Benson Lee Grayson suggests that the Fillmore administration's ability to avoid potential problems is too often overlooked. Fillmore's constant attention to Mexico avoided a resumption of the hostilities that had only broken off in 1848 and laid the groundwork for the Gadsden Treaty during Pierce's administration. Meanwhile, the Fillmore administration resolved a serious dispute with Portugal left over from the Taylor administration, smoothed over a disagreement with Peru, and then peacefully resolved other disputes with Britain, France, and Spain over Cuba. At the height of this crisis, the Royal Navy had fired on an American ship while at the same time 160 Americans were being held captive in Spain. Fillmore and his State Department were able to resolve these crises without the United States going to war or losing face.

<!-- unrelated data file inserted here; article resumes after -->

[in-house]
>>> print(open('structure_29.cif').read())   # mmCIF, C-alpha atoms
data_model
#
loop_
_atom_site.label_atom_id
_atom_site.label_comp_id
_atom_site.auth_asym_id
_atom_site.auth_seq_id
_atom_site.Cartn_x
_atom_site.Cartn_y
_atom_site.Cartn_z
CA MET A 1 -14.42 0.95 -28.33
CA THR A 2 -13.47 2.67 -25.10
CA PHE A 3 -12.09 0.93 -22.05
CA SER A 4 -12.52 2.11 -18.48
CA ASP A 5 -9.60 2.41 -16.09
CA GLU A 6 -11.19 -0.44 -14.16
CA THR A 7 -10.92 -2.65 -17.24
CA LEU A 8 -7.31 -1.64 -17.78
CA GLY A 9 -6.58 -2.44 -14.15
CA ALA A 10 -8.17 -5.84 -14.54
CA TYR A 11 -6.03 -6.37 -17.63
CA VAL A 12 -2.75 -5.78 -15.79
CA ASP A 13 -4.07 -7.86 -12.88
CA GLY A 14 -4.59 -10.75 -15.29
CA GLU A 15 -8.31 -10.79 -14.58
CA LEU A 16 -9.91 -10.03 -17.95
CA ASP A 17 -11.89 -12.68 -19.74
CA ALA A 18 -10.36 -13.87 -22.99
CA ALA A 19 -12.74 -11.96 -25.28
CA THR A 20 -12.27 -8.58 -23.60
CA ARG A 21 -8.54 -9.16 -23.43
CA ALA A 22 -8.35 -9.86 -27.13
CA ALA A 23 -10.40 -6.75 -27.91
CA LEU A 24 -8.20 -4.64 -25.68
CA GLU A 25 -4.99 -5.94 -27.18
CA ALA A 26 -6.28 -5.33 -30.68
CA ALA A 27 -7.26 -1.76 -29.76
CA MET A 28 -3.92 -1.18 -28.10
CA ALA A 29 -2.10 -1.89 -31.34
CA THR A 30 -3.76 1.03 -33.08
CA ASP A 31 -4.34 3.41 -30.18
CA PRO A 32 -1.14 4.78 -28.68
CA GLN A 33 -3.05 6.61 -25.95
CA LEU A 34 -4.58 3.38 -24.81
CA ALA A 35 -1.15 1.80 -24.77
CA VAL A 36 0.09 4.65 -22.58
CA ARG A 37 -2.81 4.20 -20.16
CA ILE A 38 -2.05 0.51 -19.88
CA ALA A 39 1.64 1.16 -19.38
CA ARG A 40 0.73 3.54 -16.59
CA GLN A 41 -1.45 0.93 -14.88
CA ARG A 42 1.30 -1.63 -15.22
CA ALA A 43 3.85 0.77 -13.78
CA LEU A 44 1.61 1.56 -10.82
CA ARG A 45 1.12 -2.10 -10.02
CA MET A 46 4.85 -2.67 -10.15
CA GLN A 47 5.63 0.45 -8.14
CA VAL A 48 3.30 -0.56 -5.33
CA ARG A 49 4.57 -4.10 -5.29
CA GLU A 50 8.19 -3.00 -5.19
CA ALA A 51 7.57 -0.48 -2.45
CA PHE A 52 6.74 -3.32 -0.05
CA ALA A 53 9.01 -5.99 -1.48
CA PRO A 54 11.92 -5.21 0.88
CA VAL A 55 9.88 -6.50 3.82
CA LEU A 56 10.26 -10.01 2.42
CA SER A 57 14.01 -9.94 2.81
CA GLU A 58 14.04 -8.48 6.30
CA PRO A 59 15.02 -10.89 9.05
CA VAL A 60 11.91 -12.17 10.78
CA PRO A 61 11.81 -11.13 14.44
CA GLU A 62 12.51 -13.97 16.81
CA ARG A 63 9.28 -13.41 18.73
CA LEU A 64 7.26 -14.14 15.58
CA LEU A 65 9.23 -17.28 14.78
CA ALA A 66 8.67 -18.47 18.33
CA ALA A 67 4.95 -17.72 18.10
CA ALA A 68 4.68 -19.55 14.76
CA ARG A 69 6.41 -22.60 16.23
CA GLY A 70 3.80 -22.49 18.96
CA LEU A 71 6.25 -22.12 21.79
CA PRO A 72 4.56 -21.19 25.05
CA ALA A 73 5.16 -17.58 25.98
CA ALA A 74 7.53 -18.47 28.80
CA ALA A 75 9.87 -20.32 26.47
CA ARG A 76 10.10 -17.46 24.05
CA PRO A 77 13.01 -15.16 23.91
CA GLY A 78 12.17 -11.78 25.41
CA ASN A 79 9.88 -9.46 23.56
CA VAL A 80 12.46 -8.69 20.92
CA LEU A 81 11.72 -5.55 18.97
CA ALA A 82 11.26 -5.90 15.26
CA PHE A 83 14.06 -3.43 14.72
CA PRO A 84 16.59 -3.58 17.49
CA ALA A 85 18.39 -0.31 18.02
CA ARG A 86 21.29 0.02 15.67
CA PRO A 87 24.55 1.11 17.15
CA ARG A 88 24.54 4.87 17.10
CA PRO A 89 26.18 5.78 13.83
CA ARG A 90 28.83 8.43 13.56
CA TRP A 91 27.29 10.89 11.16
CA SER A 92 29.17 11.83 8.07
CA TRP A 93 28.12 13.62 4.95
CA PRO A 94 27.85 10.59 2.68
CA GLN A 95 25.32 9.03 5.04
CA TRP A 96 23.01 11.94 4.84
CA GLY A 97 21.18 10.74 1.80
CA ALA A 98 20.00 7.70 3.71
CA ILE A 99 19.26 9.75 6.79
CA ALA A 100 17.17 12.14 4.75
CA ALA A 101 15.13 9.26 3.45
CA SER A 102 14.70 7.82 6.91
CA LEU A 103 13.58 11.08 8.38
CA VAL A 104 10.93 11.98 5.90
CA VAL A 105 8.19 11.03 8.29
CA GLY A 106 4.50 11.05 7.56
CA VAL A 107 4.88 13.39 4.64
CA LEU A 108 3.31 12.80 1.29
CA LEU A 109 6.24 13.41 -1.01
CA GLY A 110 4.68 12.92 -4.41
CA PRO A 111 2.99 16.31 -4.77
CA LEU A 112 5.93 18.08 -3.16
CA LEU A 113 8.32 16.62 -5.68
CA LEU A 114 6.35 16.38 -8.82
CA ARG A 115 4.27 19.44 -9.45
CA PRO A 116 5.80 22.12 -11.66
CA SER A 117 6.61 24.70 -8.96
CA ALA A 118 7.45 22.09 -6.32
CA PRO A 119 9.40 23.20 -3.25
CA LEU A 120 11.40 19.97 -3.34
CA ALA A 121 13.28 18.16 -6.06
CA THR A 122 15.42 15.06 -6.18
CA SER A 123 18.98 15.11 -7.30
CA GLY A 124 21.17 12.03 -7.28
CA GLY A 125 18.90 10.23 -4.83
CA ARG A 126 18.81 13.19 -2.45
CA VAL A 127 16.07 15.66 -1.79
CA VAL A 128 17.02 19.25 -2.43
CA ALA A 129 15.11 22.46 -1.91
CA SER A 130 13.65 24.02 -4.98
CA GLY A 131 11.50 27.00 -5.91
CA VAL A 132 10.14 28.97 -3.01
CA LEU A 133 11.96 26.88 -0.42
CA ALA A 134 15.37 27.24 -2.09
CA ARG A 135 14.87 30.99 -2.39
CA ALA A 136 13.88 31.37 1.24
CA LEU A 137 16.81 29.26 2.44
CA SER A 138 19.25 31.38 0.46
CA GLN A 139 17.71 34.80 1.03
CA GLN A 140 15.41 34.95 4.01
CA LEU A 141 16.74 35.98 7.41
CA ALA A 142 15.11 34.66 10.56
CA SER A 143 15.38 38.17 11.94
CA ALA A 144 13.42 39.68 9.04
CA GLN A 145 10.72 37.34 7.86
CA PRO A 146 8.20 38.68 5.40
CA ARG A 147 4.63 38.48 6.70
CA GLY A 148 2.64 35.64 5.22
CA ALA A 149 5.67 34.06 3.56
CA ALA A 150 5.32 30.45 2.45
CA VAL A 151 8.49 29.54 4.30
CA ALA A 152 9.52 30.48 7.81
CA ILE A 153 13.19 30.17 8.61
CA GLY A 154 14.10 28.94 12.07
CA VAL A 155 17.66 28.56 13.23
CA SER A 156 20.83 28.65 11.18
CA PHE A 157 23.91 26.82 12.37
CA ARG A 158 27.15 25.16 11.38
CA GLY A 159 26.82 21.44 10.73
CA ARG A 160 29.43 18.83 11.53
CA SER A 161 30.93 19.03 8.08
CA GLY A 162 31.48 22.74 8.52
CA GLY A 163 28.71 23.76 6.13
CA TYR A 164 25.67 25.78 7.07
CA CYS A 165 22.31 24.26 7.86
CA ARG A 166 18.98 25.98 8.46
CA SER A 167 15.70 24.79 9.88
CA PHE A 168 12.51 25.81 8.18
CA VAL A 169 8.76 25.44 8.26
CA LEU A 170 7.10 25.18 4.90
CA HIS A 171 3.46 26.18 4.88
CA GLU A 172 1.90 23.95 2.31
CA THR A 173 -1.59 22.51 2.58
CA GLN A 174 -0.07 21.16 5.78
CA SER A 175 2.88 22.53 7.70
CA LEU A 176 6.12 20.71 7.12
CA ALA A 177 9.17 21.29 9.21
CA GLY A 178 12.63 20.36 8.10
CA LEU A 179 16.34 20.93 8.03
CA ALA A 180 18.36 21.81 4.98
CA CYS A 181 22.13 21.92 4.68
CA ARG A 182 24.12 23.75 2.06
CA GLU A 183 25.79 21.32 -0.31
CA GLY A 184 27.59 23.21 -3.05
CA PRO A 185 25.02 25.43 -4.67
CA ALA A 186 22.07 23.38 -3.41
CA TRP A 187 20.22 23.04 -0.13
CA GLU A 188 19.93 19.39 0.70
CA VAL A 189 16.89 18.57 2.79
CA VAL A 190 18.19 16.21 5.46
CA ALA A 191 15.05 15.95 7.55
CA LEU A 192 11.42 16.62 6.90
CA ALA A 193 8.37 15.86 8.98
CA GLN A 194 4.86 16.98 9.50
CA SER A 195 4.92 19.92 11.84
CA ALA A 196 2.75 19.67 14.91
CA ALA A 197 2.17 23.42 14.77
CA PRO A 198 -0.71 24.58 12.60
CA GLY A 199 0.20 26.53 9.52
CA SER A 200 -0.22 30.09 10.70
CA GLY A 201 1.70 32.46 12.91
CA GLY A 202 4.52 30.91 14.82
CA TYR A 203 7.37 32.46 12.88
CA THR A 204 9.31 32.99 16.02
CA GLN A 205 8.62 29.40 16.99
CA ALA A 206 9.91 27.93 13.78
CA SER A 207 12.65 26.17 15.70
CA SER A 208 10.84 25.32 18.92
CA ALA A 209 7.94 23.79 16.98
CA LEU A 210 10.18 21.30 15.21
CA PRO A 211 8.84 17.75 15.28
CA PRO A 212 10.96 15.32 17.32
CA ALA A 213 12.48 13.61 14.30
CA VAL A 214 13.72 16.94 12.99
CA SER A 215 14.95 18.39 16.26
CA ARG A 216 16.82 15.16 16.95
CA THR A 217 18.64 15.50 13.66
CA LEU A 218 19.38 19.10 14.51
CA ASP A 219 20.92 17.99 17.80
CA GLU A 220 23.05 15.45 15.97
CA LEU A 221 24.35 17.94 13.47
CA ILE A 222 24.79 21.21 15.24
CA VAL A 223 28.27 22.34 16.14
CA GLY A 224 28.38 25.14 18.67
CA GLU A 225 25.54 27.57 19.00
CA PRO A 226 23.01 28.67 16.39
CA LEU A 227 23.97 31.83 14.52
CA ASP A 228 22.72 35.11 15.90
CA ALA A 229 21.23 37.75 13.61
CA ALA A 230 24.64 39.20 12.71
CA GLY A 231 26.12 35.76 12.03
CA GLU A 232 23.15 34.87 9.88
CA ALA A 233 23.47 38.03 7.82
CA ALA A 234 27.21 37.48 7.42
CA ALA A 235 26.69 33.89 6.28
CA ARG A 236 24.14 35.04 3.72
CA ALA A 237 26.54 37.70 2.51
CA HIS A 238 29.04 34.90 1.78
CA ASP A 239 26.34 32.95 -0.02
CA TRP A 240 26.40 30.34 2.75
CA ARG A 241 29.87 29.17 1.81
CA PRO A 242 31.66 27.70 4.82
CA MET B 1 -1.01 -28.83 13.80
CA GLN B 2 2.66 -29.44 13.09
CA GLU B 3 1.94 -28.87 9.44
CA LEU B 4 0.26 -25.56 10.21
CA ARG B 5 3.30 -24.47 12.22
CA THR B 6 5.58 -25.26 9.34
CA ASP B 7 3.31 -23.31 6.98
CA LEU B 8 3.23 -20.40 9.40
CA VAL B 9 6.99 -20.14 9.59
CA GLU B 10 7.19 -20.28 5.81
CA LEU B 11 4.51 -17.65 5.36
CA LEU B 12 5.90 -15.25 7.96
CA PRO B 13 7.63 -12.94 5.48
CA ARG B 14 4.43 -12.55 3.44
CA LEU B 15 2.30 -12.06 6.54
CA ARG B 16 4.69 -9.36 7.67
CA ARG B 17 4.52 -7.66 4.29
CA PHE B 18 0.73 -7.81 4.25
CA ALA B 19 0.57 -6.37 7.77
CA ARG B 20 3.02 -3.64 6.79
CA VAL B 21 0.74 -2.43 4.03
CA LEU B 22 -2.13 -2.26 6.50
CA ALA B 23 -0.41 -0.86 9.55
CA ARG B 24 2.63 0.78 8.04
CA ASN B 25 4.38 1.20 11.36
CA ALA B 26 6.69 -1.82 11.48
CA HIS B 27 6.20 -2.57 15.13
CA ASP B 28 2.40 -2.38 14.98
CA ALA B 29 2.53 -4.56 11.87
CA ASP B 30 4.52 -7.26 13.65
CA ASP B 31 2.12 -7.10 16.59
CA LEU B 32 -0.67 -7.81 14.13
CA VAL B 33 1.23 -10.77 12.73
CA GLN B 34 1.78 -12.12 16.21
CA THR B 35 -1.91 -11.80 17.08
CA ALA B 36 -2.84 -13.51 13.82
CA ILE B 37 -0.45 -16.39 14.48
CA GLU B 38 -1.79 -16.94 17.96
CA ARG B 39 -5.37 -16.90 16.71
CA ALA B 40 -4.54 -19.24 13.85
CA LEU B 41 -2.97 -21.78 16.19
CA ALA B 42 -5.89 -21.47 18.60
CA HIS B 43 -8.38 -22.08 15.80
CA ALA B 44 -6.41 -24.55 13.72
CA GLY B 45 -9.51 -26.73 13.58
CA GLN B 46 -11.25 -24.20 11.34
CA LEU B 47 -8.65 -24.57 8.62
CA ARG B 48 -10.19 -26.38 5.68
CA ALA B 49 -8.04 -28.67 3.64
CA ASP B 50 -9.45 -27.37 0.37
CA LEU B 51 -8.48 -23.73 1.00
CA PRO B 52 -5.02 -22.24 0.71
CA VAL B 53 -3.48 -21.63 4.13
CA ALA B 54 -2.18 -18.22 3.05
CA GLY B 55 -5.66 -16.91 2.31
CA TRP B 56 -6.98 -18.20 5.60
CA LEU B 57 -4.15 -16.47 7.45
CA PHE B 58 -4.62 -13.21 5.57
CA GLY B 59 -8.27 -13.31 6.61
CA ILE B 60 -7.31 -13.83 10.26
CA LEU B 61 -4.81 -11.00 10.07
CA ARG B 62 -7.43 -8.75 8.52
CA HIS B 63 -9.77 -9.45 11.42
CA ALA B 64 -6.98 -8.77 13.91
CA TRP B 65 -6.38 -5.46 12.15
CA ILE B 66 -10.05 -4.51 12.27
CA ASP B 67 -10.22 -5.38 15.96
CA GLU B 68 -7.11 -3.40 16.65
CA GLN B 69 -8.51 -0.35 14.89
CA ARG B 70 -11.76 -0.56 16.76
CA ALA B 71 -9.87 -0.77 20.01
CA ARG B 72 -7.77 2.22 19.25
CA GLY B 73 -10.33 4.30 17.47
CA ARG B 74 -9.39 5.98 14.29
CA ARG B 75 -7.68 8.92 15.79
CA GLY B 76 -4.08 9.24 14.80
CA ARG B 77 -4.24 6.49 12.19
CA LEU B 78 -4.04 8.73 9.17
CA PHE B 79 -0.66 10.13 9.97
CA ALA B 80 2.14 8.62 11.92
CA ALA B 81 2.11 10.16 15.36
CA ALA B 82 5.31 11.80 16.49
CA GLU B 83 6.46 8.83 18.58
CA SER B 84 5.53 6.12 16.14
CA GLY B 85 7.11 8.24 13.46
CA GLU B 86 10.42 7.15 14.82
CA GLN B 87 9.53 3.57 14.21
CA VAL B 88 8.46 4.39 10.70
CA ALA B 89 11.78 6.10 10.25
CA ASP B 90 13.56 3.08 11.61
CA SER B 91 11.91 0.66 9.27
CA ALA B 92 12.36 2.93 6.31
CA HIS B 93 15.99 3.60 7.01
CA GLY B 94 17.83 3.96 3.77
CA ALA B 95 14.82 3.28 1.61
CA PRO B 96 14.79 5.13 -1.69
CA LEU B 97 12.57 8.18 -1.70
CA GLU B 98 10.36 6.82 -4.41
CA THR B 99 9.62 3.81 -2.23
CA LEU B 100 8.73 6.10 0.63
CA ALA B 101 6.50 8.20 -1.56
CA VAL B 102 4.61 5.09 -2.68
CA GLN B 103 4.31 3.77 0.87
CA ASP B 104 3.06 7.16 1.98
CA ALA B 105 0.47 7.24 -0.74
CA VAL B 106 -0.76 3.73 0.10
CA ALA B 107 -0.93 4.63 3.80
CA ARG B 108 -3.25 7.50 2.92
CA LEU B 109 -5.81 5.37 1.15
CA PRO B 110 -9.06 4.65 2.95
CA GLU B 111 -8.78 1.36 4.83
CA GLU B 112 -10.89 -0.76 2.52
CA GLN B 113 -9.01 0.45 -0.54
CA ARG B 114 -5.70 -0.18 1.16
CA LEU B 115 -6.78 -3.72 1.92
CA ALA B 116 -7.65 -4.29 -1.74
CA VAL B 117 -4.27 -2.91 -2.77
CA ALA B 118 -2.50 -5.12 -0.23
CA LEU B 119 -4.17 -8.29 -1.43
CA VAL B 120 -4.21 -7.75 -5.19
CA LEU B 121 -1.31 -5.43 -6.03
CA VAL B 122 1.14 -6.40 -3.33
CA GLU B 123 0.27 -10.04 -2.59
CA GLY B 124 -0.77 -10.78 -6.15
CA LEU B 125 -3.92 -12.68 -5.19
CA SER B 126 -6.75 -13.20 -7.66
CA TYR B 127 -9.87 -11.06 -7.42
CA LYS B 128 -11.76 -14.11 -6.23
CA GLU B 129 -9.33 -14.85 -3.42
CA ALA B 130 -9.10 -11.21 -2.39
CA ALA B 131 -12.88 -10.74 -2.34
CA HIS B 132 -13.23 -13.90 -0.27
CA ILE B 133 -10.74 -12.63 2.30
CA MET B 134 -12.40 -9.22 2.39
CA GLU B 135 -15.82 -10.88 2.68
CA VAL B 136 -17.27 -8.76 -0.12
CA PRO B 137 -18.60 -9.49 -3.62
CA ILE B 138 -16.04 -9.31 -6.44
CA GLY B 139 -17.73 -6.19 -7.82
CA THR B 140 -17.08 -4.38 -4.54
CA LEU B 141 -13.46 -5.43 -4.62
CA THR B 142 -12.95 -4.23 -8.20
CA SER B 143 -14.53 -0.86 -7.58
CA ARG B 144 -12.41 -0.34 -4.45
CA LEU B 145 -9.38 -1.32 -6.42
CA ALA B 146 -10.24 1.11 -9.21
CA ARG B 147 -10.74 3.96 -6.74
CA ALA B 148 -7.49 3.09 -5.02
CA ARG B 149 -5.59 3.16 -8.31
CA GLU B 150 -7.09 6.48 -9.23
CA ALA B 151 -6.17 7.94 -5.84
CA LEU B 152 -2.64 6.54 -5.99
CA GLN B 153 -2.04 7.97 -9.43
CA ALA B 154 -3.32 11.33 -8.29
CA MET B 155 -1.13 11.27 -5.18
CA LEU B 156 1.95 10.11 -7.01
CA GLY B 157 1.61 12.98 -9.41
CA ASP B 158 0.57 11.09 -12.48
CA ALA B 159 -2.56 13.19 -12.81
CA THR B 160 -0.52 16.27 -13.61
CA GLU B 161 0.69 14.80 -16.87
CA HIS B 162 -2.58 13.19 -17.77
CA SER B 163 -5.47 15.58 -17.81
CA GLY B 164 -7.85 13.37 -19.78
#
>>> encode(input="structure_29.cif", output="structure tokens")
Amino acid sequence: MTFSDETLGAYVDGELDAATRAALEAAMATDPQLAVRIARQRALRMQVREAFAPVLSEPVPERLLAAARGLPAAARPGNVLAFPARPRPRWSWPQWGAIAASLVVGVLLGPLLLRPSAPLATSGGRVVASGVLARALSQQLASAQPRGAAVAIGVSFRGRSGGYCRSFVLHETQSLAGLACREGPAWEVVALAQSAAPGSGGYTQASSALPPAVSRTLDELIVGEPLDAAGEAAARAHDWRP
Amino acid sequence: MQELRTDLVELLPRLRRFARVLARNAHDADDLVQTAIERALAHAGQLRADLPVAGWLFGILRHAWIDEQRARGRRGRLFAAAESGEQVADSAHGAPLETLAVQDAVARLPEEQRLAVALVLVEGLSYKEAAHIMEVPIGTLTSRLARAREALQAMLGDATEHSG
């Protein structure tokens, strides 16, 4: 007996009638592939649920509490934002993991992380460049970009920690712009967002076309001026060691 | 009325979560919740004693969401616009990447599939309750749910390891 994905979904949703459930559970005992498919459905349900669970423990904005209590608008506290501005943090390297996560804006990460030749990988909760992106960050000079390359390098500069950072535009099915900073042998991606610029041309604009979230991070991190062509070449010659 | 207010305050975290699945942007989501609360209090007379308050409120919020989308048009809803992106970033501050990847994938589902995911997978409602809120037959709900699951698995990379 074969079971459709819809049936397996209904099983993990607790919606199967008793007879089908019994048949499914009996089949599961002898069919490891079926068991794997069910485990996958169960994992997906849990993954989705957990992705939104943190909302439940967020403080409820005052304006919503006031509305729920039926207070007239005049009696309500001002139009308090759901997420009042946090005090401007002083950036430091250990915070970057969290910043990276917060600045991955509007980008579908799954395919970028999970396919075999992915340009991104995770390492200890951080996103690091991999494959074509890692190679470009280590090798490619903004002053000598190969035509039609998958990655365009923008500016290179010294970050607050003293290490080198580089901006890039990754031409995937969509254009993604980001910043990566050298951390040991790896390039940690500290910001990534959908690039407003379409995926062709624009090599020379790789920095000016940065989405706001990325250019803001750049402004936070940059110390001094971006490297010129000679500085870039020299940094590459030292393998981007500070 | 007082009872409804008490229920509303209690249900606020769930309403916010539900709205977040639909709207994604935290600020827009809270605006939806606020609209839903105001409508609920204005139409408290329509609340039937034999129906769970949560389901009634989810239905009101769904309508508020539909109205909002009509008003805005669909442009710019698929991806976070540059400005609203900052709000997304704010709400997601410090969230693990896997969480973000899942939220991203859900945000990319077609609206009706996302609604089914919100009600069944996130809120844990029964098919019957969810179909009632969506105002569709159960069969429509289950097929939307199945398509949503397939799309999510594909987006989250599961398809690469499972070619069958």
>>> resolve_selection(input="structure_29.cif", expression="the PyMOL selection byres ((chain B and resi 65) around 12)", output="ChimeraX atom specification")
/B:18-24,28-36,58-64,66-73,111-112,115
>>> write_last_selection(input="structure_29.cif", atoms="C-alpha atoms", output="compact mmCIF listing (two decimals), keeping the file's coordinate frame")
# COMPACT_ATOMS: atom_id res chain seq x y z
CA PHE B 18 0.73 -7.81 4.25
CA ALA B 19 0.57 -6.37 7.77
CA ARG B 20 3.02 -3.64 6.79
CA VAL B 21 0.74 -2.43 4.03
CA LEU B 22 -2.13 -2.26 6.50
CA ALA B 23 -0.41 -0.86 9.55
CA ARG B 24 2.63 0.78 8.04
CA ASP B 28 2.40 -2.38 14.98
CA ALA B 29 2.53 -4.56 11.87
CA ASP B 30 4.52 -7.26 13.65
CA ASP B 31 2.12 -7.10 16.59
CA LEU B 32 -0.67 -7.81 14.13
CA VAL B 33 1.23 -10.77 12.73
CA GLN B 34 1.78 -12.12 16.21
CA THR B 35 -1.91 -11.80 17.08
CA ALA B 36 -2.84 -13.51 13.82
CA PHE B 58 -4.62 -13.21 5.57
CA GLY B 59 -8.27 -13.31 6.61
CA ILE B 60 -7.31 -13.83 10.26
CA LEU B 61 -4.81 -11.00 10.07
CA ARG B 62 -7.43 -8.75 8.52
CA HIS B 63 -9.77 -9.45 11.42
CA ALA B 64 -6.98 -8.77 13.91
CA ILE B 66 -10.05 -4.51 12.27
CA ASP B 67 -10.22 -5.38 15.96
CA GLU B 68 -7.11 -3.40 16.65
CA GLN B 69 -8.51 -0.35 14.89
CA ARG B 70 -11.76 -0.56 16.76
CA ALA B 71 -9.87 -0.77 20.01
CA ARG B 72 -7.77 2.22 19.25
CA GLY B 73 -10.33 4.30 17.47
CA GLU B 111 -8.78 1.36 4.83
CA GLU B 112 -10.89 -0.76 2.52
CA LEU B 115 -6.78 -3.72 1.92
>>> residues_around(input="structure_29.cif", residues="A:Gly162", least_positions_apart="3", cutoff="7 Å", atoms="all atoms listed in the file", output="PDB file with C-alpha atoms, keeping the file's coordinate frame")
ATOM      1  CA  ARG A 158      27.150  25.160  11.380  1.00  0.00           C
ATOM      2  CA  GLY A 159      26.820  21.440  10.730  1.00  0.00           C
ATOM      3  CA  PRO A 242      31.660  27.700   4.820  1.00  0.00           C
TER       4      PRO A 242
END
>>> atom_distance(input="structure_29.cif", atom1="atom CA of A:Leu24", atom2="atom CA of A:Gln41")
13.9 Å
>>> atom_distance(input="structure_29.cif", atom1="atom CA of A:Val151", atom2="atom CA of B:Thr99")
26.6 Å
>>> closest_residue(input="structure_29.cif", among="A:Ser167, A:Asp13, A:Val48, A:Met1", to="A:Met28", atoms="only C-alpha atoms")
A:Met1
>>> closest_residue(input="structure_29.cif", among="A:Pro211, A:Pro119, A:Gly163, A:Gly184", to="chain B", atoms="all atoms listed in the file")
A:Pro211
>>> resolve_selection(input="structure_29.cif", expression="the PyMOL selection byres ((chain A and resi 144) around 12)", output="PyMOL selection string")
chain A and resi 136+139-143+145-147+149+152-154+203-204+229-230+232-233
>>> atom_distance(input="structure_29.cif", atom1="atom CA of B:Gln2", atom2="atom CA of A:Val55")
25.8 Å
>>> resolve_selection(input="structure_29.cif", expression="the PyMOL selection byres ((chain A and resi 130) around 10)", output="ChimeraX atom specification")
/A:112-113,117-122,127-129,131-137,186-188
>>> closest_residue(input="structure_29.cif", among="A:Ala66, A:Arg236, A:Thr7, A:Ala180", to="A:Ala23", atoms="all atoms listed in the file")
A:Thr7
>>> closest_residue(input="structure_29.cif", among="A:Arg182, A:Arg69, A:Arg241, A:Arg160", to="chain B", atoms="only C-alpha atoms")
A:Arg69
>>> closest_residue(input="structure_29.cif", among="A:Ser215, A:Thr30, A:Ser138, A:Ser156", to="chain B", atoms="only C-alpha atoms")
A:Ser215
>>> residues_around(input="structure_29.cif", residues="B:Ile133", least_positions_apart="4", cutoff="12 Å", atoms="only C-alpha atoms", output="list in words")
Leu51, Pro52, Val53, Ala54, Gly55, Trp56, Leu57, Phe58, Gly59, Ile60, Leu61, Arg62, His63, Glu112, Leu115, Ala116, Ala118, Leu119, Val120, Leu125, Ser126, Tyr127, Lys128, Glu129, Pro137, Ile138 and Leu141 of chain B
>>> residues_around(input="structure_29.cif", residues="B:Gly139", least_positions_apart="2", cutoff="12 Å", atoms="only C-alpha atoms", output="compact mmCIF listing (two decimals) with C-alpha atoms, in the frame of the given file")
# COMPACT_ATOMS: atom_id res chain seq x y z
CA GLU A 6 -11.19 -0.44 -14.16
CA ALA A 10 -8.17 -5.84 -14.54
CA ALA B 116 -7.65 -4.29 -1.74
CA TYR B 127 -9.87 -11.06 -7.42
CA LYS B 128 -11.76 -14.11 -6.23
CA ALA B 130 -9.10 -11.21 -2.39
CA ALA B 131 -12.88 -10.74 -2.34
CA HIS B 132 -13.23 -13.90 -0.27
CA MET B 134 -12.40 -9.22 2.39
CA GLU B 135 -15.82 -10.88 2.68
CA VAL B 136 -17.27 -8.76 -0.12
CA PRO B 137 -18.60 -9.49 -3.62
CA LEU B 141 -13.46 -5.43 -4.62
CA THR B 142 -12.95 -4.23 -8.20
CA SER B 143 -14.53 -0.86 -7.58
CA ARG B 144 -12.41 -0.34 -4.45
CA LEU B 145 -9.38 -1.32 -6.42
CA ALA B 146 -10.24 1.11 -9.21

Because the Whig party was so deeply divided, and the two leading national figures in the Whig party (Fillmore and his own Secretary of State, Daniel Webster) refused to combine to secure the nomination, Winfield Scott received it. Because both the north and the south refused to unite behind Scott, he won only four of 31 states, and lost the election to Franklin Pierce. After Scott's defeat, the Whigs' decline continued, until the party broke up over the Kansas–Nebraska Act, and the Know Nothings appeared.